The Upstart Crow at Apollo Theatre
While some Covid-impacted productions have been continuously postponed, Ben Elton’s Olivier-nominated The Upstart Crow has thankfully re-roosted itself at the Apollo Theatre for a ten-week run. And, in short, this production has very much picked up where it left off – a laugh-a-minute hit from curtain up to final bow.
David Mitchell (Shakespeare), Gemma Whelan (Kate) and Rob Rouse (Bottom) reprise their famous roles, and are each applauded on their initial entrances. The story has moved on from the Elizabethan setting of the original sitcom to 1605, with the Bard under pressure from new monarch James I and his Brian Blessed-esque lead actor, Richard Burbage (Stewart Wright), to write a hit play. Fortunately, the sprightly Kate has a plan to relieve Shakespeare of his writer’s block by nudging him to reflect on his personal life as inspiration for his new work – which hurtles the plot and its cast into a cleverly crafted hybrid of Othello, King Lear, Romeo and Juliet and Twelfth Night, with scene-stealing cameos from the infamous bear (Reice Weathers) – affectionally called Mr Whiskers here – of The Winter’s Tale.
The adroit interweaving of the core narrative aspects of those plays with lashings of the comic traits quintessential to Elton’s sitcom-focused oeuvre is the undeniable source of the show’s success. With Sean Foley at the directorial helm, too, nearly every punchline (physical and verbal) is directed with the slickest of comic timing.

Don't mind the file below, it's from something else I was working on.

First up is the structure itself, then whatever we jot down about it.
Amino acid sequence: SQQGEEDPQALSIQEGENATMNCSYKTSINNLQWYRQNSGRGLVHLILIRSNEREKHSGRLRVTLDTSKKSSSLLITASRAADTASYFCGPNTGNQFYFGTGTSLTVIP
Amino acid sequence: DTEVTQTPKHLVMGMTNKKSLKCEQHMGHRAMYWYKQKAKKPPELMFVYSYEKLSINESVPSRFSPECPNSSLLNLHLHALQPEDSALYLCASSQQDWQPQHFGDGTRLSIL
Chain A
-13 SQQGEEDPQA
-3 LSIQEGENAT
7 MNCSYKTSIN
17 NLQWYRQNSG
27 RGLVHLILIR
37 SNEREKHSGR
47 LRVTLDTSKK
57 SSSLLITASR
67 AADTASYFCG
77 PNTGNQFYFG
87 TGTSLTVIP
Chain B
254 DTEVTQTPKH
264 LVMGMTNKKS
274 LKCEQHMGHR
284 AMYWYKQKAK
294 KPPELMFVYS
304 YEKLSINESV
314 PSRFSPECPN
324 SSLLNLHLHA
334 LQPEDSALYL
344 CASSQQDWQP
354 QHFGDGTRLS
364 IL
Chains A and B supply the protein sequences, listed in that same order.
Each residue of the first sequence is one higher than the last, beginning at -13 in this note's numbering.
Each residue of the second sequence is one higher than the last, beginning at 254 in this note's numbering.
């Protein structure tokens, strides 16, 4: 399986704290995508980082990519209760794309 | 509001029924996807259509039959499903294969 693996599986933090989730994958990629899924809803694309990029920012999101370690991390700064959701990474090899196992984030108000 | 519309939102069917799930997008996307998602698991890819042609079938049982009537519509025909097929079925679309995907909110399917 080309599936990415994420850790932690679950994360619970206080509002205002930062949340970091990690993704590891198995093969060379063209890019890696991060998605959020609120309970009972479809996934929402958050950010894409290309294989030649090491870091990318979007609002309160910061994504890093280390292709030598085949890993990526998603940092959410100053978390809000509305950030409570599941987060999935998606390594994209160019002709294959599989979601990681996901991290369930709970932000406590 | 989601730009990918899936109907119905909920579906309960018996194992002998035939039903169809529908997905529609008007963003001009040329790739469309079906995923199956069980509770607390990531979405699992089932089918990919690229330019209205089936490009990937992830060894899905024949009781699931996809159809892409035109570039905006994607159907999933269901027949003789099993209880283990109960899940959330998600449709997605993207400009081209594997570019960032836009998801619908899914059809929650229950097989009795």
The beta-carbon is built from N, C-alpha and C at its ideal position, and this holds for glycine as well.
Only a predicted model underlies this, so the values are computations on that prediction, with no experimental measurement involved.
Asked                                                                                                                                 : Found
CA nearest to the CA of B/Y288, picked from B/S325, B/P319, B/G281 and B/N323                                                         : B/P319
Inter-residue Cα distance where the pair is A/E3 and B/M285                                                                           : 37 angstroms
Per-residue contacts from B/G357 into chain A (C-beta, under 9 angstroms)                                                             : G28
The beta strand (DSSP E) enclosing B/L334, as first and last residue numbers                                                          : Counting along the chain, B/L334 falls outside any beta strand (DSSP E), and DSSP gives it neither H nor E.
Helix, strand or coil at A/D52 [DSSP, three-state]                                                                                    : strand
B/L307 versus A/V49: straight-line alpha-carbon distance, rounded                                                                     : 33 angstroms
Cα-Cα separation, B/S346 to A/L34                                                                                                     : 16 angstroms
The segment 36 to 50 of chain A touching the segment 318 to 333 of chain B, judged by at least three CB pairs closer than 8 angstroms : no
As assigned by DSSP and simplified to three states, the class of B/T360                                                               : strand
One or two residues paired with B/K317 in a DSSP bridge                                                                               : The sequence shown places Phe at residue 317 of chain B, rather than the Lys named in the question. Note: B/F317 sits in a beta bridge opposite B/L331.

There are occasional moments when the performers misjudge the impact of some jokes and continue over the laughter, but the plethora of expertly delivered gags elsewhere wholly overshadows them. The best example (one of hundreds crammed into a comically rich script), which wittily satirises the divisive economic policies of Truss and Kwateng, is suitably savoured by Jason Callender’s shipwrecked Egyptian prince, Arragon.
Indeed, Callender is one of numerous supporting actors who enrich the production’s hilarity, including Shakespeare’s memorably sassy Brummie daughters (Helen Monks’s Susanna and Danielle Phillips’s Judith) and the entertainingly austere, theatre-loathing Puritan, Dr John Hall (John Gordon Sinclair).
So, while Mitchell and Whelan might be the box office draws, the show, like the sitcom, is all the more appealing because of the depth of talent in the cast. Prices for some seats might be high, but those who are tempted would be more foolish than Falstaff to miss this comic delight.
The Upstart Crow is at Apollo Theatre from 23rd September until 3rd December 2022. For further information or to book visit the theatre’s website here.